İsmail Kahraman, the Islamist speaker of the Turkish Parliament, reportedly told a theatre company that he did not want to see any women on stage during a memorial performance on the anniversary of the Battle of Gallipoli, according to a report by Turkey’s left-wing BirGün newspaper.
“We had been practicing for three days. With one hour to go we were told that women couldn’t be on stage,” the newspaper quoted a Turkish actor from the troupe who did not want to be named as saying. “We were unable to hold back our tears.”
The actor added that the request that women not perform had come from Parliament Speaker Kahraman. The actresses not allowed on stage were made to wait on a staircase in the building during the performance and were later escorted out.
According to the report, one actress left Parliament in tears, and the play ran for only four minutes rather than the expected 12. Another actor who also did not want to be named said the first request from authorities regarding the play had been to cut out choreography in which soldiers leaving their homes hugged their mothers goodbye as they did not want to see men and women embracing on stage, however innocently.
“We had gone down the stairs in our costumes when we came across İsmail Kahraman,” another actor said. “He said: ‘The women actors are not coming out, are they? Well done.’ Then he made a joke to a colleague in a military costume, saying, ‘Which regiment are you in?’ but no one laughed.”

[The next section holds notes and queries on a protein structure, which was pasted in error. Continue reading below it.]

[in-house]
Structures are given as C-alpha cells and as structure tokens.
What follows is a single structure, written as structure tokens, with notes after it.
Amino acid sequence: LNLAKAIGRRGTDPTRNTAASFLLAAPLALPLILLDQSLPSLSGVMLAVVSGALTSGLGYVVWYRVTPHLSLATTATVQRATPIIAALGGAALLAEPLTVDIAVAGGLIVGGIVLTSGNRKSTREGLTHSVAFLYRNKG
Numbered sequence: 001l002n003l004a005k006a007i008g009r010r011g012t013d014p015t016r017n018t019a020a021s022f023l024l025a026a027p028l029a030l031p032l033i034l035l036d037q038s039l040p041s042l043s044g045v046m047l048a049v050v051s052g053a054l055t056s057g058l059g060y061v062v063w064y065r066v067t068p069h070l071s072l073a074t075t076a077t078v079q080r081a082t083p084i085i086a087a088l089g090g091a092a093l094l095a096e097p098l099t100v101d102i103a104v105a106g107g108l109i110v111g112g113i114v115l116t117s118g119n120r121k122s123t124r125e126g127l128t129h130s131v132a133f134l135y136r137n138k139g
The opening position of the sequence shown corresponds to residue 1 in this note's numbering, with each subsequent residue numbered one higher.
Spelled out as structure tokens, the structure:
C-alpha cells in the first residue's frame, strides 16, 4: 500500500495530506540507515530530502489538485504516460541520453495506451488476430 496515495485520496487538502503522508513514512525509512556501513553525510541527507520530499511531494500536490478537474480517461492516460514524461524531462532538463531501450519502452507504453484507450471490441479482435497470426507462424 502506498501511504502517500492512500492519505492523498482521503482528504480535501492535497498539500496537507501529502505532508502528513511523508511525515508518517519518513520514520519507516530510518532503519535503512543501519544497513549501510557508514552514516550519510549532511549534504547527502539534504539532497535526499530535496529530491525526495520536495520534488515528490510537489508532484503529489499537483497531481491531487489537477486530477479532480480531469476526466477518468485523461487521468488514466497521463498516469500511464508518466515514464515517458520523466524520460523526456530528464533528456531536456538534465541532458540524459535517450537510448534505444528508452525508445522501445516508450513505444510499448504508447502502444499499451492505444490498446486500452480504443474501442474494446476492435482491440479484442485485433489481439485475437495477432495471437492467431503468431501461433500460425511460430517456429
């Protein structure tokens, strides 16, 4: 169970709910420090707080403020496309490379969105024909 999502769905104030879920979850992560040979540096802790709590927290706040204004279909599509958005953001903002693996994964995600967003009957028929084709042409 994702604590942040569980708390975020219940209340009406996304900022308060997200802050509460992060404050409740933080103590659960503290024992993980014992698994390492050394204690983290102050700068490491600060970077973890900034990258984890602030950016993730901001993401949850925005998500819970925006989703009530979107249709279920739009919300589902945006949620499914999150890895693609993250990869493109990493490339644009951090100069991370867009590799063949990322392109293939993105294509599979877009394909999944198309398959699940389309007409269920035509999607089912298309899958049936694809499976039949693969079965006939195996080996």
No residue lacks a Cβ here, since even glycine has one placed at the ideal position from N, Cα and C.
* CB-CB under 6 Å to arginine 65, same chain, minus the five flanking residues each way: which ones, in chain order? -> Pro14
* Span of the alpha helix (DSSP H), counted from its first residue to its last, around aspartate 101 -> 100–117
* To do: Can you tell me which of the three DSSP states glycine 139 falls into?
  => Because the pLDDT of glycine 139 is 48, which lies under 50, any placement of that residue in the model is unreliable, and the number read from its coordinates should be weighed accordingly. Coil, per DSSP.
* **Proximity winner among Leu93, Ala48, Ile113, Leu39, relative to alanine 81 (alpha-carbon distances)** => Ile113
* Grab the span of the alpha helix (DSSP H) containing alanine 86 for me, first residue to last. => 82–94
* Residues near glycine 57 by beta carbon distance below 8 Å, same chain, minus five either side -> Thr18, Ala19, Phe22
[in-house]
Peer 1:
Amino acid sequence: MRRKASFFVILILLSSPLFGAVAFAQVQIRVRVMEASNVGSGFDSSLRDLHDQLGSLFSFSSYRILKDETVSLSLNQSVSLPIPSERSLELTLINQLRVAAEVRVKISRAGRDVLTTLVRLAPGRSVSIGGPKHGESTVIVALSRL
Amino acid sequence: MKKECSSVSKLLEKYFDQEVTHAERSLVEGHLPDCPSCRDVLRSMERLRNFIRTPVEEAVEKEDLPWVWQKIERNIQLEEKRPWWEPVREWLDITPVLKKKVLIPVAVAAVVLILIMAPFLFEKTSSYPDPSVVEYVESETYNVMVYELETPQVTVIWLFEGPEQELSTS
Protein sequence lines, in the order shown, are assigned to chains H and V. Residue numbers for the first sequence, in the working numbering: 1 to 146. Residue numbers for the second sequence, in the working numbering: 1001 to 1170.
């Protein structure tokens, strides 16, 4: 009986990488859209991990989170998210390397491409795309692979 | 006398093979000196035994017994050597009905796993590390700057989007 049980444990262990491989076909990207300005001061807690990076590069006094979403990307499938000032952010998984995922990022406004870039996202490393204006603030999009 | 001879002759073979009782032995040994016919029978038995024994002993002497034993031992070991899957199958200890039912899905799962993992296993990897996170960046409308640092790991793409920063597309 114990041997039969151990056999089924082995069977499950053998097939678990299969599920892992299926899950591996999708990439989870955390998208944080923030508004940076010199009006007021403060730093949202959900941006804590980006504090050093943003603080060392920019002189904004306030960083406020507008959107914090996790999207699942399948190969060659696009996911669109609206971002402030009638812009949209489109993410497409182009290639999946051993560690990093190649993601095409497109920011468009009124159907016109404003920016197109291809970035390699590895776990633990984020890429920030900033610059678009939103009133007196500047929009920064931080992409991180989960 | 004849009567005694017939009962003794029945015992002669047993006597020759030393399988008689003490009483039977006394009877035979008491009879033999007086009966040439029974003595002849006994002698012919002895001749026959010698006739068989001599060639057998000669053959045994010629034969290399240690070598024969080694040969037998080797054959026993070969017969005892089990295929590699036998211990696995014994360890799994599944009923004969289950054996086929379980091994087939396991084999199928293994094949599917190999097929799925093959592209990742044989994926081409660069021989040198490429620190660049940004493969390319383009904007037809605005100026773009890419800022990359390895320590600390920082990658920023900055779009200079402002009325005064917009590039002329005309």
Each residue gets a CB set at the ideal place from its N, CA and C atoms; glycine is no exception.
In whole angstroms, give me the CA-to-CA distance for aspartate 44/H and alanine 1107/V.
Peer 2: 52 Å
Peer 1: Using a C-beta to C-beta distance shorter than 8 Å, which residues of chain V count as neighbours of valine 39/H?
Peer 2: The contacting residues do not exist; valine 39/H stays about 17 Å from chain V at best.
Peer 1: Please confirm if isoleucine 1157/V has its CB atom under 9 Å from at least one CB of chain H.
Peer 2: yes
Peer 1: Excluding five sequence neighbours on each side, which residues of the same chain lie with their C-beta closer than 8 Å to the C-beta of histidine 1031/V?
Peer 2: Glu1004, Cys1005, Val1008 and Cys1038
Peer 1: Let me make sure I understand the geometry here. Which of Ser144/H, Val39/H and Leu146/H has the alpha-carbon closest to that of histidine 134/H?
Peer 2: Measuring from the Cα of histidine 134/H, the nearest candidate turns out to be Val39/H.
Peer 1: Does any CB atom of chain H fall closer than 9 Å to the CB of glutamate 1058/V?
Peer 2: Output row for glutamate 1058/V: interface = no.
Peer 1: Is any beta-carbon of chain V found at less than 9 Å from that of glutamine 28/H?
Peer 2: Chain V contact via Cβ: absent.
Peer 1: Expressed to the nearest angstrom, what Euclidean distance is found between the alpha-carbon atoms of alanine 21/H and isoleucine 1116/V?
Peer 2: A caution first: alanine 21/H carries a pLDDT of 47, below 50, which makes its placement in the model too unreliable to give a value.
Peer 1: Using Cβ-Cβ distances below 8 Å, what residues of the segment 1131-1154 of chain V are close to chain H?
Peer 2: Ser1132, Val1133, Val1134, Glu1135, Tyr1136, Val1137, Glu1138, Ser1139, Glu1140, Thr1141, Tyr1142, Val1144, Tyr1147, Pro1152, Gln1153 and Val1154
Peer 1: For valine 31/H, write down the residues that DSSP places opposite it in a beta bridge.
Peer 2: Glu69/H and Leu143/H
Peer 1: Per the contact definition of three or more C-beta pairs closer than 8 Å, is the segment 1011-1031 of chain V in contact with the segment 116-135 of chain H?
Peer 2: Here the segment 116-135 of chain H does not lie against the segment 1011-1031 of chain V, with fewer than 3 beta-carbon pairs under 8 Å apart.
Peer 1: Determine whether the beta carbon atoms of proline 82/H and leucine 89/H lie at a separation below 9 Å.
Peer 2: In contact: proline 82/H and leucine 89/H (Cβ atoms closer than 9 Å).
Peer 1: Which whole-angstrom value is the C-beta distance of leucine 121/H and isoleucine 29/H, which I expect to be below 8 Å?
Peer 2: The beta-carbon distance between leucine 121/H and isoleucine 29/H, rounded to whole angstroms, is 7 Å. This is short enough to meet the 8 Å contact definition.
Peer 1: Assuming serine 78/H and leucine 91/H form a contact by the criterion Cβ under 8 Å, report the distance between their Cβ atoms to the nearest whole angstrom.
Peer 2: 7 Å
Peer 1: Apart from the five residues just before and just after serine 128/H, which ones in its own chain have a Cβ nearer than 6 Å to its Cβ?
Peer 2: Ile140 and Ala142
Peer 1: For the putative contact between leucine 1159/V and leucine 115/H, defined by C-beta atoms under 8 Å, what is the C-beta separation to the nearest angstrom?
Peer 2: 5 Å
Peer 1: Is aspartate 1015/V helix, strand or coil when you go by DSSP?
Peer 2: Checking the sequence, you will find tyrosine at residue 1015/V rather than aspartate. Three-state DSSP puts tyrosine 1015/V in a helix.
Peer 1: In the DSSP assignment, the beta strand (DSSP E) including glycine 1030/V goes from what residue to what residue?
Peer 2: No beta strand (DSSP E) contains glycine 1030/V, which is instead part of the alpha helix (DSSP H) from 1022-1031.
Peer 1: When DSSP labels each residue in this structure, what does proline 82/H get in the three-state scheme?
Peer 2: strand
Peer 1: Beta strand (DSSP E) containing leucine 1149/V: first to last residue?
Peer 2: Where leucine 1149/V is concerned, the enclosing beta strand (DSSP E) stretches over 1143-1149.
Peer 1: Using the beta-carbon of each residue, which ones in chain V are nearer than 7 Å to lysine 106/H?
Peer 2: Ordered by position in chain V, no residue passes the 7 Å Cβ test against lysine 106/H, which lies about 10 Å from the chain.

An actress lamented that the troupe had not been given enough time to organise an effective protest. “Thirty minutes was not long enough to decide on a more effective path,” she said.
Kahraman has also described the Turkish military offensive against US-backed Kurdish armed groups in northern Syria’s Afrin area as “jihad.” Kahraman’s use of the Islamic word for “holy war” came amid increasing religious rhetoric from Turkish government circles targeting Kurdish political parties and the larger Kurdish movement in Syria as well as in Turkey.
“Look, we are now in Afrin. We are a big state. Without jihad, there can be no progress, one cannot stand on their own two feet,” Kahraman said, praising the campaign against the Kurdish People’s Protection Units (YPG) that the US trained and armed in the war on the Islamic State of Iraq and the Levant (ISIL) in Syria.
Kahraman had sparked a heated debate in 2016 when he told a convention of Muslim scholars that secularism would have no place in a new constitution for the country. (SCF with Ahval)
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